Original Art by Joe Wirtheim (www.victorygardenoftomorrow.com)
Growing wholesome, organic foods in a Four Directions Victory Garden brings balance and joy.
Gardening is not something that has come easily to me. I was raised in a city, surrounded by concrete. I played with my friends on rooftop playgrounds. My great outdoors was New York’s Central Park. When I got home from school, I had a snack and turned on the television. I learned a lot from that television. But I had no idea how to take care of life. I couldn’t begin to imagine how the meat that came home from the supermarket in yellow styrofoam trays had anything to do with the feathered chickens in my picture books.
After moving to San Francisco, California in my 20’s, I became increasingly drawn to what we in NYC used to call, “the country.” Over the years I have grown some vegetables, herbs, and flowers in foggy Half Moon Bay and Bolinas coastal regions, mostly cool San Francisco, hot and dry Tuolumne County, and most recently Sonoma County. I have come to realize that there is nothing like eating food fresh out of your garden! The carrots are warm when you pull them. You cannot believe the flavors of food when it’s fresh, and come to realize that anything you buy from a market has been sitting around a good while. It’s already lost not only nutrients, but flavor as well. Once you grow your own food, the market produce doesn’t taste so nuanced. You can’t wait until you can harvest another crop of arugula.
Last spring when I moved into my current home, I was excited to garden. I saw a raised bed and assumed it was good to go. I pulled out the seeds I’d been saving, and bought a few more. I sowed those seeds, and I watered, and I weeded. I was a little surprised at how much water was required – it was costing me a fortune and a bit of worry. At first everything was growing like gangbusters. I harvested a few zucchini, a couple of ears of sweet corn, and then all of a sudden the garden imploded. My raised bed had not been gopher proofed, and the creatures that proliferate in the area destroyed the garden. In what seemed like one day, all the plants had toppled over. I was totally disheartened.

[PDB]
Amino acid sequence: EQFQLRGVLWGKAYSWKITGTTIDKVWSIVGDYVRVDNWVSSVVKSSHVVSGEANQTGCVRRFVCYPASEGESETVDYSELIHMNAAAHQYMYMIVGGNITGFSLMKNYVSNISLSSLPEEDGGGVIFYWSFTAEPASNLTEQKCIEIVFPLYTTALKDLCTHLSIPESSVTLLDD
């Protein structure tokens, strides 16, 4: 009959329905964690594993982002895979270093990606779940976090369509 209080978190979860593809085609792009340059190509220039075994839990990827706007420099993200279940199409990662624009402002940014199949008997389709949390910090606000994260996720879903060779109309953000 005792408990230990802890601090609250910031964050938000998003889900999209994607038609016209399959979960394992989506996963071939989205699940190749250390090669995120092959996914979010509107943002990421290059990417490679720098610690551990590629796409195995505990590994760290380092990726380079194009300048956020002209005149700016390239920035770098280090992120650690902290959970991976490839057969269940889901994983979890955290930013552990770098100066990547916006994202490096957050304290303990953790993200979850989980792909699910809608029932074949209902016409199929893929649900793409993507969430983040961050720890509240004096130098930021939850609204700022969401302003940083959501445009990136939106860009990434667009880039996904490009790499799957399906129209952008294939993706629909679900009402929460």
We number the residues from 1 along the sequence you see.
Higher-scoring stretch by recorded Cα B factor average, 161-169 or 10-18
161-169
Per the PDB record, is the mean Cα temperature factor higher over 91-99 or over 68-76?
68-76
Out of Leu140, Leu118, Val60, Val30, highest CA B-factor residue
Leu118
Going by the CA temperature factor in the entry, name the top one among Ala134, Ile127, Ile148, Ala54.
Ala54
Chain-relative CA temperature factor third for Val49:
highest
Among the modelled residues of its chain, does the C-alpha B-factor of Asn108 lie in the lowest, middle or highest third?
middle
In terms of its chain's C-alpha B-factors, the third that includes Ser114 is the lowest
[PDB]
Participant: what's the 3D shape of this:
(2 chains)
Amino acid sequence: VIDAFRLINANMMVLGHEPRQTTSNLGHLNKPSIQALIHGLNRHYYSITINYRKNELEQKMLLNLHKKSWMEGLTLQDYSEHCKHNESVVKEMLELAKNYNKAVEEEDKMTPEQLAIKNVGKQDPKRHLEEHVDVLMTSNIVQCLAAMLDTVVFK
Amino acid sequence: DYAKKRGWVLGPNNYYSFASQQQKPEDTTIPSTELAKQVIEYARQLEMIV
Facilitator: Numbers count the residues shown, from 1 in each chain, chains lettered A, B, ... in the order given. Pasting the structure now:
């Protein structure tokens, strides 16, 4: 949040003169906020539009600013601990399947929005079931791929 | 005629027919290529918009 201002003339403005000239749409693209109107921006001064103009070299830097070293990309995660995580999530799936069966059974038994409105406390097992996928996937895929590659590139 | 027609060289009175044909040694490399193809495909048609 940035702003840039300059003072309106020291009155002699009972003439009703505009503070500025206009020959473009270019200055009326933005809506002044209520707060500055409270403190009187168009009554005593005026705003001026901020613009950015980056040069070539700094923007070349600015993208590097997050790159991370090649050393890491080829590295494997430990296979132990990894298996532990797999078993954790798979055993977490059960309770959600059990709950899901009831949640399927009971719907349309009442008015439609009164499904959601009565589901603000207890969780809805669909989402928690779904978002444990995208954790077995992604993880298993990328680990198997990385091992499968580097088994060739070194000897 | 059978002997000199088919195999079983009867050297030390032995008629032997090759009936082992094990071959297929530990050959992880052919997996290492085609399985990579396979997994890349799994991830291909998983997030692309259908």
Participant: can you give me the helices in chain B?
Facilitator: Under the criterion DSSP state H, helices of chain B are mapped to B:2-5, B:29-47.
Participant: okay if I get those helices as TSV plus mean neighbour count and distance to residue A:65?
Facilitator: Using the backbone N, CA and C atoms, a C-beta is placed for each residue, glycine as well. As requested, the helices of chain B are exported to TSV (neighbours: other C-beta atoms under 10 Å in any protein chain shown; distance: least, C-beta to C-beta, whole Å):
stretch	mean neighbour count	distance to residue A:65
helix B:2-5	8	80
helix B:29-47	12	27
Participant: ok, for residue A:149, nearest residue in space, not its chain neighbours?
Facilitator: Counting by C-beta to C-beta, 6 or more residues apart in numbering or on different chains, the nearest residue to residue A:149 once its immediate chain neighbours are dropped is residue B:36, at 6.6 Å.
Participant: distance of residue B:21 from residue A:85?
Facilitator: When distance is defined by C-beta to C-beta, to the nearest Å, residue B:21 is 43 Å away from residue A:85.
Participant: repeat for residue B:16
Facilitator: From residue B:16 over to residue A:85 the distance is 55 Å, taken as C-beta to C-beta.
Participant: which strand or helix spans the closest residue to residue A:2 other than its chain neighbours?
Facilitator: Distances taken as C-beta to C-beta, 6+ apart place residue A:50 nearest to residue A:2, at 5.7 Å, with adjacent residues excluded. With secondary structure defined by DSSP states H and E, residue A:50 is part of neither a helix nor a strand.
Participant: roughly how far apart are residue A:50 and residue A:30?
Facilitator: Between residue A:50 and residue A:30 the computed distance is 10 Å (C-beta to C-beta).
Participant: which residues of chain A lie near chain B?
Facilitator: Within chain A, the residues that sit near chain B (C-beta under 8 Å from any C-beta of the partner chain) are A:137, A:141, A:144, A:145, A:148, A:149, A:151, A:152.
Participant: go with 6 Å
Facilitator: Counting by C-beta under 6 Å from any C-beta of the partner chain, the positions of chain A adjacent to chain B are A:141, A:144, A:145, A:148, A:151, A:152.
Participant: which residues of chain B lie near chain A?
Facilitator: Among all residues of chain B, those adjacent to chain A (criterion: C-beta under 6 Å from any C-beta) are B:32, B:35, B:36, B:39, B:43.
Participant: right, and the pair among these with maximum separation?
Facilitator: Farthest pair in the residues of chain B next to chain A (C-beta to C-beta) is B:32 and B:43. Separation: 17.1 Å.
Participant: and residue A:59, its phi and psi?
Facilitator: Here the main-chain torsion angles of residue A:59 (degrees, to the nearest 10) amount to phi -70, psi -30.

This spring, I attended a workshop in my neighborhood on gopher proofing. The first half of the lecture was about trapping, a labor-intensive and murderous approach that was unacceptable to me. During the second half, we learned what gauge wire mesh to line my garden bed with to keep the gophers from burrowing in to reach the tender roots of young plants. Lucas and Tim generously offered their help, saving me from the surging tide of physical and financial overwhelm. While Tim and I were digging out 100 square foot of soil, I discovered that the garden bed was situated on top of the root system of a nearby oak tree. Over the years of drought, the thirsty roots had been competing with the new starts for precious water – another reason I was struggling last summer. I studied the small back yard and determined to move the bed over to another sunny spot, this time away from the tree roots. We placed the gopher wire, mixed 2 yards of compost and soil into the sandy loam on top of it, and I was ready to plant once again.
In the 1940’s during World War II, with so many resources going to the war effort, there were food shortages. The U.S. Government, under President Franklin Delano Roosevelt, encouraged families to grow their own “Victory Gardens.” Victory Gardens were a way to boost morale, support the war effort and celebrate the bounty of life. I’ve always loved this idea. My 2016 garden, in its new home, is a Four Directions Victory Garden, in honor of my attempt to create a non-violent solution to growing organic food in my own back yard, at a time when it seems that healthy and pure food is becoming increasingly scarce and hard for most working people to afford, and to claim my place among the directions and within the circle of life.
This first image is the garden before planting. I oriented it on the cardinal points, so like a compass, it points north. The center representing the hoop of life, is where I would plant corn, squash, beans and sunflowers in honor of the ancestors who have planted this way for millennia. I planned it this way to help me learn from the ones who came before, from their wisdom, which they gathered from the earth, water, sun, air and plants, themselves. They knew how to take care of life. Now I am learning too.
Here are my first babies sprouting up. Their source was not seeds but an actual organic russet potato that I had lost at the bottom of a basket and found sprouting eyes in 3 places. I cut the potato up in thirds and planted those 3 sprouting sections. You can see they had a head start over all the seeds that I planted. How many sprouted potatoes have you thrown out or composted over the years?
And this is what they look like now.